In the wake of Hurricane Irene and the complete destruction of my new basement, I wrote a Moms Talk column about how “It’s Only Stuff.” At the end of the day, as sad and frustrating as the loss was, I couldn’t really complain about losing a few material things. Which is why I watched all the Black Friday frenzy with a big chunk of skepticism and sadness.
The day after Thanksgiving has traditionally been the kickoff to the Christmas buying season. Even the end of the Macy’s Thanksgiving Day Parade features Santa, which is an indication that the season has begun. The “Black” in “Black Friday” refers to the accounting term of “being in the black” or making a profit. Many stores feel that a strong Black Friday is the indication of financial success for the year.
Unfortunately, in recent years, stores have begun to offer some deep discounts and they open their stores earlier and earlier (some this year opened at 10 p.m. on Thanksgiving night). The season itself keeps creeping backward. Lite FM started its “All Holiday Music” programming the weekend before Thanksgiving. What’s the rush? Why can’t we enjoy Thanksgiving and then start focusing on Christmas and Chanukah?
The promise of a cheaper television, less expensive Xbox or discounted designer boots has prompted some people to camp out for days, others to wake up in the early morning hours and sit in line, coffee in hand, waiting for the stores to open. As the crowds get larger, a mob mentality starts to form. In 2008 at a Long Island Walmart, the crowd was so crazed that they couldn’t wait for the store to open. They stormed the door, causing a stampede that killed a worker.
Other similar stories exist, with senior citizens and pregnant women being knocked to the ground and severely injured. This year a Los Angeles woman pepper sprayed her fellow Walmart shoppers to eliminate the competition for the items she wanted. All this violence--for stuff.
What are we teaching children? We know that so many of our holidays have become commercialized and our kids are inundated by ads, not only for Black Friday but for all the things we should buy for Valentine’s Day, Mother’s Day, Halloween. My boys came to me all excited, trying to persuade me to get to Best Buy on Black Friday so we could get a great deal on a television to replace the one we lost in the hurricane. I also wonder how many of these people eager for great deals are doing this to get something that perhaps they couldn’t afford for Granny or are they just getting a new laptop or hot jeans for themselves?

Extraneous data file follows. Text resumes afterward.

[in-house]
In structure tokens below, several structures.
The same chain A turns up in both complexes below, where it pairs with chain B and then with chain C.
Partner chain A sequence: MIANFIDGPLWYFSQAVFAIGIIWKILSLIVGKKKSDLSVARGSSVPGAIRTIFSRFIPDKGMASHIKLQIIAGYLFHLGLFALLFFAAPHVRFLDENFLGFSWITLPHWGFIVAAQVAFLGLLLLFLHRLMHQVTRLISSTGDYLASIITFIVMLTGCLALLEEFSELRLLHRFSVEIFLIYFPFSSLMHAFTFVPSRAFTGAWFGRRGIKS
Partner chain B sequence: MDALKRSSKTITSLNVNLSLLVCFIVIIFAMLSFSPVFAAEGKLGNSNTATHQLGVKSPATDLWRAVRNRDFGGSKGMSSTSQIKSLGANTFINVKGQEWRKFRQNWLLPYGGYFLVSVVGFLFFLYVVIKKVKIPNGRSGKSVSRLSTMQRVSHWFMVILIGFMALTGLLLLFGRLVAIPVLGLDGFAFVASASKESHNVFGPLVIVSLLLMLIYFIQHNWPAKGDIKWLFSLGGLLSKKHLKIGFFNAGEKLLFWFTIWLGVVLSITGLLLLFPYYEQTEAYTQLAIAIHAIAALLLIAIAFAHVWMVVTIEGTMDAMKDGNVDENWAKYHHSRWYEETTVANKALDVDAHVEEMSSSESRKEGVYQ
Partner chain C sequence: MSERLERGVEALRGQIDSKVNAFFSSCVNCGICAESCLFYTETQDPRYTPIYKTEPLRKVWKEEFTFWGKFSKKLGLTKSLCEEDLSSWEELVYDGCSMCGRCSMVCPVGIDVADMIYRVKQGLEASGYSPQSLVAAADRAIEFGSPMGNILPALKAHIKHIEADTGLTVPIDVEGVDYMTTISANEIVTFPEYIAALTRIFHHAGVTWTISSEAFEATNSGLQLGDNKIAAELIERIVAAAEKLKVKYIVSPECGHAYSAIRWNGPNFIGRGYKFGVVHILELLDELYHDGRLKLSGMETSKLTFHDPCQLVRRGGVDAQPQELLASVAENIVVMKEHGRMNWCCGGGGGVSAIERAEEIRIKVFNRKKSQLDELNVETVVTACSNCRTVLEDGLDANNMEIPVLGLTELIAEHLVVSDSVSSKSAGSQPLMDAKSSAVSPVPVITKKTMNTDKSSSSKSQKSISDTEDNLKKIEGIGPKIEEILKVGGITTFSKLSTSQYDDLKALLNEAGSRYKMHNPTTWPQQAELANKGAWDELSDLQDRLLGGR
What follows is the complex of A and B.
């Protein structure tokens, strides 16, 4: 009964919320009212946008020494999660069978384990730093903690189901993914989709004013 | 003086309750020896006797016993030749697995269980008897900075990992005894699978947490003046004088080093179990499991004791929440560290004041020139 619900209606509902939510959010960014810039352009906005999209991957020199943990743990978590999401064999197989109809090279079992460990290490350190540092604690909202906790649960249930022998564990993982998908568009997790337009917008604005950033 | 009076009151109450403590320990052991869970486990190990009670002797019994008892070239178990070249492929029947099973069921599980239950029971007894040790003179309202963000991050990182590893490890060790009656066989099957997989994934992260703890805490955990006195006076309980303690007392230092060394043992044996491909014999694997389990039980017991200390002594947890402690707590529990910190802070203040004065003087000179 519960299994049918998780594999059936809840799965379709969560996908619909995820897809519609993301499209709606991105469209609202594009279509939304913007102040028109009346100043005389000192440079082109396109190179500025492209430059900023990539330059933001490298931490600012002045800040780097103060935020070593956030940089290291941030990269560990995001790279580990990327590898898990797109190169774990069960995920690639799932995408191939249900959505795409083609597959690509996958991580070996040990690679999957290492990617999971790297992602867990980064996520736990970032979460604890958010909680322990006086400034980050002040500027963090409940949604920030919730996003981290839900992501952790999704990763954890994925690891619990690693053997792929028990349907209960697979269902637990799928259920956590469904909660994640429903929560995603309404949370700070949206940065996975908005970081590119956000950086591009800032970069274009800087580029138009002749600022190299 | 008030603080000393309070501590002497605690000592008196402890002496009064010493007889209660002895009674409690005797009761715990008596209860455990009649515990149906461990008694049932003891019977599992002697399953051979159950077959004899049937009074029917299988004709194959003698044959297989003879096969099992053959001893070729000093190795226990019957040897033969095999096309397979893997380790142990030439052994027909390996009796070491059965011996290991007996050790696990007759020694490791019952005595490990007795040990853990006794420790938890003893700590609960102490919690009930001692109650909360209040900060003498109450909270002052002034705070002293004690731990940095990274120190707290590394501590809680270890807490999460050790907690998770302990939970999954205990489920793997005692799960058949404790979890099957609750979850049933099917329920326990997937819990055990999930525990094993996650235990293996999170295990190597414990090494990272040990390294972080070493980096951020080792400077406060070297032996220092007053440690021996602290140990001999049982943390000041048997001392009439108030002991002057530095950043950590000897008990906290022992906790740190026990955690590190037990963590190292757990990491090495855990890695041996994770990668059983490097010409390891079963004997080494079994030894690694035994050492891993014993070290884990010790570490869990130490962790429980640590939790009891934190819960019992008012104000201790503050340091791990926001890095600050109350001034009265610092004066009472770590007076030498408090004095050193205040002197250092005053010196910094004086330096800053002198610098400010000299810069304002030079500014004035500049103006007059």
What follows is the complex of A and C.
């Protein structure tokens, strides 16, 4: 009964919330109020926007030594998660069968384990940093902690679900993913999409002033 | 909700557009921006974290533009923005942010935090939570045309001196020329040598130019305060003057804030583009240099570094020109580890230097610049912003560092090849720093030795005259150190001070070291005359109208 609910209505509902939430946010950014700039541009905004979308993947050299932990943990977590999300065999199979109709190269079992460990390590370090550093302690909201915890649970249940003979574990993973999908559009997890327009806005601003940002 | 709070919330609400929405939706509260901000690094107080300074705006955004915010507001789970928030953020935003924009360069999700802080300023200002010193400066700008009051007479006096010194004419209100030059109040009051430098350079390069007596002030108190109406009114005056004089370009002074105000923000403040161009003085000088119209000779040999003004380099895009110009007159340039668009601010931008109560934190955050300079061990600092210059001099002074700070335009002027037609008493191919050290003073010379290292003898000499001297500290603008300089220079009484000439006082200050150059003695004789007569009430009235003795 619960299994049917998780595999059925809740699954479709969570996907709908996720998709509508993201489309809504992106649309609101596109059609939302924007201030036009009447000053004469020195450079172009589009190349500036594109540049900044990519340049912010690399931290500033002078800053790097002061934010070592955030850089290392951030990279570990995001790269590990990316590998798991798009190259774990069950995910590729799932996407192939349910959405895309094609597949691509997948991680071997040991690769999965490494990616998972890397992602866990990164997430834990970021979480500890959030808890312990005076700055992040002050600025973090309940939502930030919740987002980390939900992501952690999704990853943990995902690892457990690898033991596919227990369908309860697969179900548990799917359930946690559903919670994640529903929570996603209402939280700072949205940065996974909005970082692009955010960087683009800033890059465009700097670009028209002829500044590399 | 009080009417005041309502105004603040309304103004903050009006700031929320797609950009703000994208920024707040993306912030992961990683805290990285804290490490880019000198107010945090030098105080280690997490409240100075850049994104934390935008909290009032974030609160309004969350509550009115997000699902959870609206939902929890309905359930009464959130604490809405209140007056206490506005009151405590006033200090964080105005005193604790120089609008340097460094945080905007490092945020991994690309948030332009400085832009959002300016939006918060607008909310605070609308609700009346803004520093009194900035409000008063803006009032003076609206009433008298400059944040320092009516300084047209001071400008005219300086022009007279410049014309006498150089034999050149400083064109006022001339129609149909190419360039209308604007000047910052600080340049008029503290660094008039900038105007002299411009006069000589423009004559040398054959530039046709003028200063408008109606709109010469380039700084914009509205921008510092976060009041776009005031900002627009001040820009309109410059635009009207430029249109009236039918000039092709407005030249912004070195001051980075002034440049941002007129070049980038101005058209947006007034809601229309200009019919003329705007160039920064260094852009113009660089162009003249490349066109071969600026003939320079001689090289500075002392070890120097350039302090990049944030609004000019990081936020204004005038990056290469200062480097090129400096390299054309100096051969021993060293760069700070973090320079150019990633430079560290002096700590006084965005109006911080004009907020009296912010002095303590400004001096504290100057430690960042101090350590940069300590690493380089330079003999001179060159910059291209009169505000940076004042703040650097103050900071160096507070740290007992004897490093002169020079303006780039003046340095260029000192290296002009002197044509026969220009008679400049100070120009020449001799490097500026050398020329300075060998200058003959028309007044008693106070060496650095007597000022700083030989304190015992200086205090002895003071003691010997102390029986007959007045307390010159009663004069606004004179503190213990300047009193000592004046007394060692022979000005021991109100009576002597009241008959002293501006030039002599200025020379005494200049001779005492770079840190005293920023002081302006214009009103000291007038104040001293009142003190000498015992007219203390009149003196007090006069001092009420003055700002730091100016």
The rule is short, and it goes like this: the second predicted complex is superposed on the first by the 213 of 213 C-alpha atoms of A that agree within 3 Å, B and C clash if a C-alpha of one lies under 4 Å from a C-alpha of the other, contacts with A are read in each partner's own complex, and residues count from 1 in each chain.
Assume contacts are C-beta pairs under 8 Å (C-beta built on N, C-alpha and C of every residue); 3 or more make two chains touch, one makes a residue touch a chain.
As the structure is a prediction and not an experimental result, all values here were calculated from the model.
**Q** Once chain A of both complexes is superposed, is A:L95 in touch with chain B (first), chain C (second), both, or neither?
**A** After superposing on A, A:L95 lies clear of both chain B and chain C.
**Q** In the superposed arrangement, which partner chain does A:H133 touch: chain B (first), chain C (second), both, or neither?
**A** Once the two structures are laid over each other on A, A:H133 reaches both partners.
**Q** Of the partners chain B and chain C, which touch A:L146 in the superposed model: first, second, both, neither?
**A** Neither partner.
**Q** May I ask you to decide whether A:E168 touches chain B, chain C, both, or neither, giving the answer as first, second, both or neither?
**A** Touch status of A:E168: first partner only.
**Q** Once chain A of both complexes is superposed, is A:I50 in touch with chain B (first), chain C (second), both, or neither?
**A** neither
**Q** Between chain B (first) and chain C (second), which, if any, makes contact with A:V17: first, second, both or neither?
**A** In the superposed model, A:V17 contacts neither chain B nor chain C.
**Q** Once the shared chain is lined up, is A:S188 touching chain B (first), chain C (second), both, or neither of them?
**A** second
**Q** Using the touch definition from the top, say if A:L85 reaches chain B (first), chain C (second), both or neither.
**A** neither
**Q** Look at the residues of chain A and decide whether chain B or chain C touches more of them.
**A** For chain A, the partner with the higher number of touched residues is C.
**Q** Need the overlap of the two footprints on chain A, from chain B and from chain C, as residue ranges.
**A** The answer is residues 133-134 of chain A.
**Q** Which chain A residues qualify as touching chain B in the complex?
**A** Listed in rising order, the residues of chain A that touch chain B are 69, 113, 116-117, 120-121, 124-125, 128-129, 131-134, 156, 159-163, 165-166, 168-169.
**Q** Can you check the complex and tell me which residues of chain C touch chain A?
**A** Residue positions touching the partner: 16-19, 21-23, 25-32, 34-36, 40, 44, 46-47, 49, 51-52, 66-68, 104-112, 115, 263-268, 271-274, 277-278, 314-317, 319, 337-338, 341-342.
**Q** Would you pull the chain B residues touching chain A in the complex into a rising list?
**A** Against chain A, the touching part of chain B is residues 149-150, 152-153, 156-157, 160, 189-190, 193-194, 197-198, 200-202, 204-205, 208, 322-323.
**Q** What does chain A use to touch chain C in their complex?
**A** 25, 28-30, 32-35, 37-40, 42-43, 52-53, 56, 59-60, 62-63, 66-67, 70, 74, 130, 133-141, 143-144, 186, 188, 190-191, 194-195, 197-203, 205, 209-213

Which isn’t to say you can’t have a family tradition and enjoy Black Friday. I have some friends who have a lot of fun with it. Their kids think it’s exciting to get up early and go to the mall. I’m all for anything that brings people together and gives them happy memories.
I guess I just have trouble with the focus on the material acquisitions. The juxtaposition of Thanksgiving, the holiday where we get a chance to reflect on our gratitude and how lucky we are to have friends, family, a warm home, delicious food, next to the day where people are knocking over their neighbors to buy something just seems wrong to me.
One of my favorite singer/songwriters, Alice Peacock, summed it up in her song “I’ll Start With Me.”
We cloak ourselves in the great tradition
The United States of Acquisition
Every man for himself
Me and no one else
Will we ever learn there's a price to pay?
This song came out in 2002, so I doubt she was writing about Black Friday, but it really resonates. Let’s make this holiday season more about people and great memories and less about things.